·   Course syllabi are intended to provide students with basic information concerning the course. The syllabus can be viewed as a 'blueprint' for the course; changes in the syllabus can be made and students will be informed of any substantive changes concerning examinations, the grading or attendance policies and changes in project assignments.


Unified Discrimination and Harassment Reporting (Including Title IX)


As noted in the catalog under the Unified Discrimination and Harassment Policy, Texas Wesleyan University is committed to providing an environment free of all forms of prohibited discrimination and sexual harassment.  If you have experienced any such discrimination or harassment, including gender- or sex-based forms, know that help and support are available from the following resources:

  Complete online incident report at https://txwes.edu/incident-report-form/

  Contact Campus Conduct Hotline (24 hours a day): (866) 943-5787

  Campus security (24 hours a day): (817) 531-4911

  Dean of Students: deanofstudents@txwes.edu OR (817) 531-4872

  Please be aware that all Texas Wesleyan University employees, other than designated confidential resources (i.e., Community Counseling Center) are required to report credible evidence of prohibited discrimination or harassment to the University’s Title IX Coordinator, or to one of the Title IX Assistant Coordinators.  If you wish to speak to someone confidentially, please contact the Community Counseling Center at (817) 531-4859 to schedule an appointment.


Note: Course syllabi are intended to provide students with basic information concerning the course. The syllabus can be viewed as a “blueprint” for the course; changes in the syllabus can be made and students will be informed of any substantive changes concerning examinations, the grading or attendance policies and changes in project assignments.




My Goal in teaching this class is not that you “learn” the modern history of the US.  (Learning about the past is, however, an important consequence.)  Rather, my goal is to teach you how to think critically about the past which is more useful.  For our purposes, therefore, ideas will hold precedence over facts, dates, and the like.  It is important that you consider the writing assignments an open forum for discussion—of anything related question(s)/topic being addressed.  (Of course, any argument must be supported.)  While I may challenge beliefs/perspectives in my comments and questions asked, realize that my purpose is not to change them, but merely to take you out of your comfort zone (to offend you, so-to-speak) so that you can think critically about them.  A perspective of tolerance is fundamental in any academic environment.  Remember—this is a college course where you ought to be able to discuss things openly, critically, and intelligently. 



Class Schedule: I recommend that you stay current with the lessons (as per the dates listed below.) 

                (“Chapter” refer to the American Yawp and are simply the chapters where relevant information about a given topic. All other items (lectures, readings, assignments) are accessible in the individual lesson module in Blackboard.  The question prompts are listed below in red but are also listed as the assignment in each lesson module.)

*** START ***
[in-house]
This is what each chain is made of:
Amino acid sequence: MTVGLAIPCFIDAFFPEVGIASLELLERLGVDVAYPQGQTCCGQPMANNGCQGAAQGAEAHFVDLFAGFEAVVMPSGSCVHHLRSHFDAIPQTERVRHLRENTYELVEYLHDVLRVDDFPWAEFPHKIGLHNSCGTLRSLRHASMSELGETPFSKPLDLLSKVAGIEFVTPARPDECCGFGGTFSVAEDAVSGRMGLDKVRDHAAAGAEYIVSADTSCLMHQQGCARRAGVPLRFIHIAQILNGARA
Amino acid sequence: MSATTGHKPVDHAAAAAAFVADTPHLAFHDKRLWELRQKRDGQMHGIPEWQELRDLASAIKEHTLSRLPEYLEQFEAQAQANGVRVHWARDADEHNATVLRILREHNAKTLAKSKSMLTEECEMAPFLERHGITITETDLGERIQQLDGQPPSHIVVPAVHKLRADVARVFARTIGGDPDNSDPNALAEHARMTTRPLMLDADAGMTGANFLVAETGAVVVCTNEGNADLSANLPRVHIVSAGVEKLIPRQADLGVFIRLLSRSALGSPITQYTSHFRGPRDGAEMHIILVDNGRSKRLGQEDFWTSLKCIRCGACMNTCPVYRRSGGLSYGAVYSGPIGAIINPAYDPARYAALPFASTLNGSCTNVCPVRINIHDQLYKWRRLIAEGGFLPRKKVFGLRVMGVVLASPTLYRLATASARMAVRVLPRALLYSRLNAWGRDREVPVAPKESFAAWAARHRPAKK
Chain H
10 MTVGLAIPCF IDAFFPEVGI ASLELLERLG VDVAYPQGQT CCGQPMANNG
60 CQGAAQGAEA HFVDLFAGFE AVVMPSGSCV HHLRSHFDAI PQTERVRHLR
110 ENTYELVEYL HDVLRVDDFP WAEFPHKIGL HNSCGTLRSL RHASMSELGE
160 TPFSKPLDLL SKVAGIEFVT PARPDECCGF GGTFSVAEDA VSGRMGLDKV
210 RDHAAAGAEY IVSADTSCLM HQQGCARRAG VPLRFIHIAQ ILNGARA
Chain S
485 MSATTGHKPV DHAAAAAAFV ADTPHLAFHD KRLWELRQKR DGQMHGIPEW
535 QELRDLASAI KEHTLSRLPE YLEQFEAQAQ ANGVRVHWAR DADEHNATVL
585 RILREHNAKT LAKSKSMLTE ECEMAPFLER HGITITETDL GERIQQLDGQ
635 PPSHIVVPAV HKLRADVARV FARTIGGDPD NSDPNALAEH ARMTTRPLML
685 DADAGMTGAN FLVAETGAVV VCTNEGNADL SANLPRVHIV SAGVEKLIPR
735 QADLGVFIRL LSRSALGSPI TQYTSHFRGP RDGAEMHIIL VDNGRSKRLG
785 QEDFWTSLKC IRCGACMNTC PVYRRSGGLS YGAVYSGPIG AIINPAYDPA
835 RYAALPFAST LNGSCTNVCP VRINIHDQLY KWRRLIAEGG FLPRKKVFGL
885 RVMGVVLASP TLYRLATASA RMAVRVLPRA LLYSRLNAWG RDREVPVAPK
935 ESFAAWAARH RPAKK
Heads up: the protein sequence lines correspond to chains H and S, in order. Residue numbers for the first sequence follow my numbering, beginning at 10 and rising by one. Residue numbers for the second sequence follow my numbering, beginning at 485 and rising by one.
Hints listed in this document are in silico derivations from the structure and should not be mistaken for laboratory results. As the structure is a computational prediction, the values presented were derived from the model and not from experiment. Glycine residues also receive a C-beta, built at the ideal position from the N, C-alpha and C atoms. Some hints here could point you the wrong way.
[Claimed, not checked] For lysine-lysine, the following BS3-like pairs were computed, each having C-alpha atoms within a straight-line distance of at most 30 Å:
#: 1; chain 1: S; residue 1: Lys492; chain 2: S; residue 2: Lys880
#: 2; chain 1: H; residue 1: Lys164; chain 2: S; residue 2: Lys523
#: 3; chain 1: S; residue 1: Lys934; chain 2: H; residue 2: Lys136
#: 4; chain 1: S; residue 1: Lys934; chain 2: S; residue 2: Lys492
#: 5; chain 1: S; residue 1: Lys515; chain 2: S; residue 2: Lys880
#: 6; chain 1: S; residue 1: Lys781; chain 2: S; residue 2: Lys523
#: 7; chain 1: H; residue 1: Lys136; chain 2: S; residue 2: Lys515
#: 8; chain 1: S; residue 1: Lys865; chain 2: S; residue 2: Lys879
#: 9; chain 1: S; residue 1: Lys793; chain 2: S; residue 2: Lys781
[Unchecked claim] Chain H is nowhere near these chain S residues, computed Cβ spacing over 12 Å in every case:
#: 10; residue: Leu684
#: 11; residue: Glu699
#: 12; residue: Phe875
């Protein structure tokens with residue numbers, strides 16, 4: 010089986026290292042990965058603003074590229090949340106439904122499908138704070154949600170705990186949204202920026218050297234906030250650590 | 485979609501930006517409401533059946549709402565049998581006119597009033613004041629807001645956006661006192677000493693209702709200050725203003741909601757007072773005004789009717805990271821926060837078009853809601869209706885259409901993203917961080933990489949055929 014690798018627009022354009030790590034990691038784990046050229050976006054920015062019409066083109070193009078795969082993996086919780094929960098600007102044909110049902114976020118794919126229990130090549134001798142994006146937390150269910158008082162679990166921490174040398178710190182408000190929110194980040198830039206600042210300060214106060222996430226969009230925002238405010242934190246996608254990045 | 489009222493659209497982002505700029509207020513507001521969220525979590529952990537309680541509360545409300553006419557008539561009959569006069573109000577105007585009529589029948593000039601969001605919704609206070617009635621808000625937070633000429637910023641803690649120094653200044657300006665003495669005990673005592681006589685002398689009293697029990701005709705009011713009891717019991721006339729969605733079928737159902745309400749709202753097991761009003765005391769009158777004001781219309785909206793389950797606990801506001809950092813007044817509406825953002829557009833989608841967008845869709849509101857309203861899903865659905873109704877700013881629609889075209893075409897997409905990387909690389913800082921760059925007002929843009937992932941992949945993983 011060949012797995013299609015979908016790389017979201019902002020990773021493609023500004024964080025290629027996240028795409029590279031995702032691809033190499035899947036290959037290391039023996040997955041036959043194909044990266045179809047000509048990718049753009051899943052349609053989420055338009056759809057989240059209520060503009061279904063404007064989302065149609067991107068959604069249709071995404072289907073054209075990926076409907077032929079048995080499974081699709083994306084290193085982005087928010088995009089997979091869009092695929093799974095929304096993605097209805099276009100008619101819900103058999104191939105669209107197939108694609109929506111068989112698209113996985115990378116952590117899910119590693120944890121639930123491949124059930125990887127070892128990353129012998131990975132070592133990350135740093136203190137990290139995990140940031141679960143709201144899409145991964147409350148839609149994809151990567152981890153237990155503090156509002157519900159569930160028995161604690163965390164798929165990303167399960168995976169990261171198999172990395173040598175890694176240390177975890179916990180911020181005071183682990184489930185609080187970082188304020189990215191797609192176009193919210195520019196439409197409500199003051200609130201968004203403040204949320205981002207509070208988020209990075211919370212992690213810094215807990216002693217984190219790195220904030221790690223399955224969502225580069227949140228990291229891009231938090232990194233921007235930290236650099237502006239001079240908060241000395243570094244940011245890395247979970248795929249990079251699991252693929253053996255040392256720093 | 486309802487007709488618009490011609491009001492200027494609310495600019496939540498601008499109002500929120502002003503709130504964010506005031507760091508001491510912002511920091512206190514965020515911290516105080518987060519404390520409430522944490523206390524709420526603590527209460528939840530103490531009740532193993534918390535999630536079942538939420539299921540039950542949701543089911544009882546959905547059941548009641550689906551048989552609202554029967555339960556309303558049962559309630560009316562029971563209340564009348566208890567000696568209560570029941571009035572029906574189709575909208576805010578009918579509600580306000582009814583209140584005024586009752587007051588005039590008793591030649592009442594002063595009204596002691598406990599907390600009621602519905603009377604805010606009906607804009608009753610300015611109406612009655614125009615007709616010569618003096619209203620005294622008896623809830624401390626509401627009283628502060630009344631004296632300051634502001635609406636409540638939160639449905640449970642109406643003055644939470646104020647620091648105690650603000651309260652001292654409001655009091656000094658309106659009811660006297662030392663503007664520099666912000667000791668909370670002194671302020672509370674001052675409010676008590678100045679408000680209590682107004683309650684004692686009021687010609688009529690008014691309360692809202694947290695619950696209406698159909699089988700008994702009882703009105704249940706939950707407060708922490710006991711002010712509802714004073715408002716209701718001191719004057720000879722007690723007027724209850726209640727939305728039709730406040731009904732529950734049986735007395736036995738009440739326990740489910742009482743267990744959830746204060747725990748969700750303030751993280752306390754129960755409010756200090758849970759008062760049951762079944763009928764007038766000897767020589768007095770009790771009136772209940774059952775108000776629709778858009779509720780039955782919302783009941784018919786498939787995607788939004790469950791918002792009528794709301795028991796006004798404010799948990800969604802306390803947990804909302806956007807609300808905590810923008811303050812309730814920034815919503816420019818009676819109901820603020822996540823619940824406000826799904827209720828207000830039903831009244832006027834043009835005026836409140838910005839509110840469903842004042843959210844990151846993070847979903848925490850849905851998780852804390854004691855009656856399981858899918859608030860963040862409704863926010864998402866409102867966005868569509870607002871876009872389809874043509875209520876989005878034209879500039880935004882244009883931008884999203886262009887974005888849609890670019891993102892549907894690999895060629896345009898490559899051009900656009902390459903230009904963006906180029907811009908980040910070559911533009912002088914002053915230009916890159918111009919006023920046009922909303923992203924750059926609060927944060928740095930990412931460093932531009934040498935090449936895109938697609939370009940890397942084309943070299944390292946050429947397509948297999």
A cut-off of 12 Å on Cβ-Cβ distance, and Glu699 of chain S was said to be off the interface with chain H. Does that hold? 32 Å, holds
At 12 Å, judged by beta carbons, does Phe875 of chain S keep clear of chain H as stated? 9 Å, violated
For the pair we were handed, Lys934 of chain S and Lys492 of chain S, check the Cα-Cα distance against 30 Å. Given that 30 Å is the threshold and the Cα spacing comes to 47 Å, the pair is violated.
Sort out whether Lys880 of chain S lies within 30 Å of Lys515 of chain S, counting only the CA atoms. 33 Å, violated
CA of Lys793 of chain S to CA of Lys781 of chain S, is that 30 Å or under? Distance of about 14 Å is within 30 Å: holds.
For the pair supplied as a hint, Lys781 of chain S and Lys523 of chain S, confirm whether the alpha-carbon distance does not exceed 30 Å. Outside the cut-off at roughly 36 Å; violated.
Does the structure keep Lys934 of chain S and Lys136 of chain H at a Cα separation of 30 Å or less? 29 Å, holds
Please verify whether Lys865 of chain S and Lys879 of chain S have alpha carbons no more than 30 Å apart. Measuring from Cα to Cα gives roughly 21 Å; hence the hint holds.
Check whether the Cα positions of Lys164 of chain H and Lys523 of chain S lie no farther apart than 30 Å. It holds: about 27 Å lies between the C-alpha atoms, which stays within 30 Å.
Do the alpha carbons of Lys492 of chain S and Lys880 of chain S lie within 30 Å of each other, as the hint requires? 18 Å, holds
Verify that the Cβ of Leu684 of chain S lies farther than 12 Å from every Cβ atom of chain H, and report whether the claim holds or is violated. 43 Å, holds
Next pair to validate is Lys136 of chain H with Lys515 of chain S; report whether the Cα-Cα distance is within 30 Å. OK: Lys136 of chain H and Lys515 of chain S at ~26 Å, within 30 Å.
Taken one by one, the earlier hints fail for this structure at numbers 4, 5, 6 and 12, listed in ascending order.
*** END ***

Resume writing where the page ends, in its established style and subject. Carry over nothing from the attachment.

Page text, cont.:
Unit One


1 (8/20)

Introduction to the Course

2 (8/22)

Isolation to Empire (Yawp Chapters 19)

Based on the information in the lecture and the readings, explain whether or not the US could justify the acquisition of overseas territory.

3 (8/24)

The Gilded Age (Yawp Chapters 18, 20)

Explain the contradictions inherent in the Gilded Age as demonstrated by the attitudes of Carnegie and Gompers.

4 (8/27)

The Progressive Era (Yawp Chapter 20)

Explain what is meant by “Progressive” and then show how Addams, Sinclair and DuBois can each be classified as such.

5 (8/31)

Wilson and the Great War (World War I) (Yawp Chapter 21)

Begin with an overview of Wilson’s reasons for entering the war.  Then argue whether or not he was ultimately successful at achieving his goals.  (Remember that arguments rely on evidence.)

6 (9/4)

Society in the 1920s (Yawp Chapter 22)

Describe the climate of fear as explained in the lecture and show how that fear was manifest in attitudes toward immigrants and change in general.  Conclude by connecting any of these fears to social issue(s) present in the US today.

7 (9/7)

Politics in the 1920s (Yawp Chapter 22)

Explain the significance of mass production in the US in the 1920s.

8 (9/10)

Herbert Hoover and the Great Depression (Yawp Chapter 23)

Based on information from the lecture, explain the cause(s) of the Great Depression.  Then, using the Lesueur document, provide a depth its effects on ordinary Americans.

9 (9/14)

Franklin Roosevelt and the New Deal (Yawp Chapter 23)

FDR and Hoover and very different ideas about resolving the Great Depression.  With each we have a glimpse of different political perspectives.  Drawing on the information from both (in this lecture as well as the previous one) explain both the Republican and Democratic philosophies of government.